HSBC Bank USA N.A. (Jeffrey C. Riley, Appellant)
Scott A. McAllister and Eddy Mulder
Appeal from Superior Court, Windham Unit, Civil Division
Michael R. Kainen, J.
Jeffrey J. Hardiman of Shechtman Halperin Savage, LLP,
Pawtucket, Rhode Island, for Plaintiff-Appellee.
Alexander W. Shriver of Phillips, Dunn, Shriver &
Carroll, PC, Brattleboro, for Intervenor-Appellant.
PRESENT: Reiber, C.J., Skoglund, Robinson and Eaton, JJ., and
Dooley, J. (Ret.), Specially Assigned
1.Appellant Jeffrey C. Riley asks this Court to reverse the
superior court's denial of his motion to confirm a
foreclosure sale in his favor and its order for HSBC Bank USA
(bank) to conduct a second foreclosure sale. For the reasons
below, we affirm.
2. The relevant history is as follows. The superior court
entered a Judgment of Foreclosure and Sale in favor of bank
on October 26, 2015, for the property at issue. The
foreclosure judgment provided the standard six-month
redemption period under 12 V.S.A. § 4946(b), expiring on
April 29, 2016. Once the redemption period lapsed, bank
organized a public auction of the property in accordance with
the foreclosure judgment and 12 V.S.A. § 4952. Bank
retained an auctioneer to conduct the auction. Before the
auction, bank gave the auctioneer an electronic bid, which
was to be entered at the auction. The auction was held on
July 28, 2016. Only the auctioneer and appellant were
physically present at the property during the auction- bank
did not send a personal representative. Once the auctioneer
opened the bidding, appellant entered a bid for $10, 000. The
auctioneer then entered bank's bid of $57, 000. When
appellant did not bid again, the auctioneer issued a report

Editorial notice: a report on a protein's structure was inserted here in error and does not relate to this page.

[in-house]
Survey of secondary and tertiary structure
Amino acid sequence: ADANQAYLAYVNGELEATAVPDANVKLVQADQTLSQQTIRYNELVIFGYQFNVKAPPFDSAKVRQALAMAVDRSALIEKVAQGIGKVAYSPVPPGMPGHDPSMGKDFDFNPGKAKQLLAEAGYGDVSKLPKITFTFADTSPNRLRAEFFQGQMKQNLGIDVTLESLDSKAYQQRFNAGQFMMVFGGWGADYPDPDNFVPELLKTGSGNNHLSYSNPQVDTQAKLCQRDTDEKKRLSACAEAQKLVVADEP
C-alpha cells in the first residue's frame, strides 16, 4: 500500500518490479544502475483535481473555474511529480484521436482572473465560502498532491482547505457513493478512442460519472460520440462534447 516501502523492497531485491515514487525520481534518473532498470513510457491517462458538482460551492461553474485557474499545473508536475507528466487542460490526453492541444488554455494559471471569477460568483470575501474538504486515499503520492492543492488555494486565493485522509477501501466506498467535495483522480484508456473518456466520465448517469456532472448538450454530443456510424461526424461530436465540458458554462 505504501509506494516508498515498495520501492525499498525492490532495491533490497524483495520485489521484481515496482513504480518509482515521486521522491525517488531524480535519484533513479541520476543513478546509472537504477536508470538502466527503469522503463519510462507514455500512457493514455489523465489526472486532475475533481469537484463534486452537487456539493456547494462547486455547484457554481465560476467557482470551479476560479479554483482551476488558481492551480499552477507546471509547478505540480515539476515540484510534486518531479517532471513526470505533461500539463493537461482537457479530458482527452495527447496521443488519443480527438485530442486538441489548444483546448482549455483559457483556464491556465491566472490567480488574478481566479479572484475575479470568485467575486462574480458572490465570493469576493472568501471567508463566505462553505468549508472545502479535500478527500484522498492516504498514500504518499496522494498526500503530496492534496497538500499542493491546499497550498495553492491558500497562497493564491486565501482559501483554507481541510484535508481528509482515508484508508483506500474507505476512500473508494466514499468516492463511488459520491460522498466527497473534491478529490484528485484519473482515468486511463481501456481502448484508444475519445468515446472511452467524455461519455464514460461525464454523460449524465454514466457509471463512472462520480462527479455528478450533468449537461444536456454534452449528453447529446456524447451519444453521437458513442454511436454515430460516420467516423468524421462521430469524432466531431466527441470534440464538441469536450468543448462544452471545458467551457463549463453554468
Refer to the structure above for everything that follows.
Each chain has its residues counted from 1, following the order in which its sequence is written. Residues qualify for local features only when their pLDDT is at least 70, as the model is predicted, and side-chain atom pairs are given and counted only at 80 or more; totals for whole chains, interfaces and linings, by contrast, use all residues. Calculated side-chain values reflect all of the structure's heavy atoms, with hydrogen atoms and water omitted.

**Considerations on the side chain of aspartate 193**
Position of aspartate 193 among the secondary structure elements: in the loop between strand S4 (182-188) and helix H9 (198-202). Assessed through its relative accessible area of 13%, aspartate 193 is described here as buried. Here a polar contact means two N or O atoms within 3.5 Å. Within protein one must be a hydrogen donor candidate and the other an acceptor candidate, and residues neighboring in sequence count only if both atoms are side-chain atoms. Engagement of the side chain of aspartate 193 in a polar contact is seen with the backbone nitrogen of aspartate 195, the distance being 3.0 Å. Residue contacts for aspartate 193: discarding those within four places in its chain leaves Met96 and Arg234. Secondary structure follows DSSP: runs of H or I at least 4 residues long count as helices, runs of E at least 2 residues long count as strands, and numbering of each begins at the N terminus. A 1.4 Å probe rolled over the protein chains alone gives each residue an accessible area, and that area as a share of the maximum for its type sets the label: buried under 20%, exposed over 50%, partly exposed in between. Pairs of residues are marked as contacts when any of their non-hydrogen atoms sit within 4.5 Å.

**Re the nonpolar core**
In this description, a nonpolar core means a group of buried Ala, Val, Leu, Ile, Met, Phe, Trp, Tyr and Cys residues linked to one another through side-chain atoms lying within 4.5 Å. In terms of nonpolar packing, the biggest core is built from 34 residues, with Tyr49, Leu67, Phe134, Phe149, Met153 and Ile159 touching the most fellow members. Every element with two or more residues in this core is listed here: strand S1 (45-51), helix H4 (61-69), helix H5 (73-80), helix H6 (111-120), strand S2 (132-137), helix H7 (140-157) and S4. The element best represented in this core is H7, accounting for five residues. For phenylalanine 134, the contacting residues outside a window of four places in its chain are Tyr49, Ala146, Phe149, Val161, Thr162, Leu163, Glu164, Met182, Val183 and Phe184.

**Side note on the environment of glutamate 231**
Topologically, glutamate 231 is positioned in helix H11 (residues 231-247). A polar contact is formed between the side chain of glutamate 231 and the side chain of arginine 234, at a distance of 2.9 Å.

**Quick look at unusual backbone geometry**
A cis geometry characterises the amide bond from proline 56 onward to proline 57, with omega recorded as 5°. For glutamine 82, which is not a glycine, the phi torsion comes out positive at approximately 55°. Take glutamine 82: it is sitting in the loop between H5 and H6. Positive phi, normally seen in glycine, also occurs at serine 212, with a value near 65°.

of sale for bank.
3. Bank moved to confirm the sale and waive the deficiency
judgment on August 29, 2016. Soon thereafter,
appellant moved to intervene and confirm the sale of the
property to himself. In his motion and during a hearing held
on September 22, 2016, appellant argued that bank
"violated the rule that the auctioneer in a judicial
foreclosure sale must be independent, and therefore a
mortgagee such as [bank] may not simultaneously hire the
auctioneer in a judicial foreclosure and contract with [the]
auctioneer to enter bids on its behalf." To support this
argument, appellant cited a superior court opinion. Bank
of N.Y. Mellon v. Campbell, Nos. 229-4-10 Wrcv, 78-2-12
Wrcv, 568-10-11 Wrcv, 319-5-12 Wrcv, 2013 WL 6631044 (Vt.
Super. Ct. Dec. 2, 2013),
[https://perma.cc/575P-PHY8]. In Campbell, the court
considered four judicial foreclosure cases in which the
mortgagees hired auctioneers who simultaneously conducted the
public auctions and entered bids on behalf of the mortgagees.
Id. at *4. The Campbell court held that an
auctioneer in a judicial foreclosure sale may not enter bids
on behalf of any party that is not present at the auction.
Id. at *12.
4. In this case, the superior court was convinced by
Campbell's reasoning and adopted the holding.
Thus, because the auctioneer had entered a bid on behalf of
bank who was not present at the auction, the superior court
denied bank's motion for a confirmation order and waiver
of deficiency. The superior court went on to deny
appellant's motion for confirmation of the sale in his
name, noting it did not "believe it would be equitable
in this case to confirm a sale to [appellant], leaving the
[mortgagor] with a more than $100, 000 deficiency" and
that it had concerns regarding the lack of an in-person
bidding requirement in the foreclosure judgment. Therefore,
the court ordered bank to give notice and conduct a new
judicial foreclosure sale in accordance with the foreclosure
judgment entered on October 26, 2015 and the newly adopted
in-person bidding requirement. Bank did not appeal this
5. This appeal followed. Appellant first argues that this
Court should review the appeal de novo because the superior
court was faced with a pure question of law. Second,
appellant argues that the superior court erred in giving bank
a second chance to hold the auction because bank should have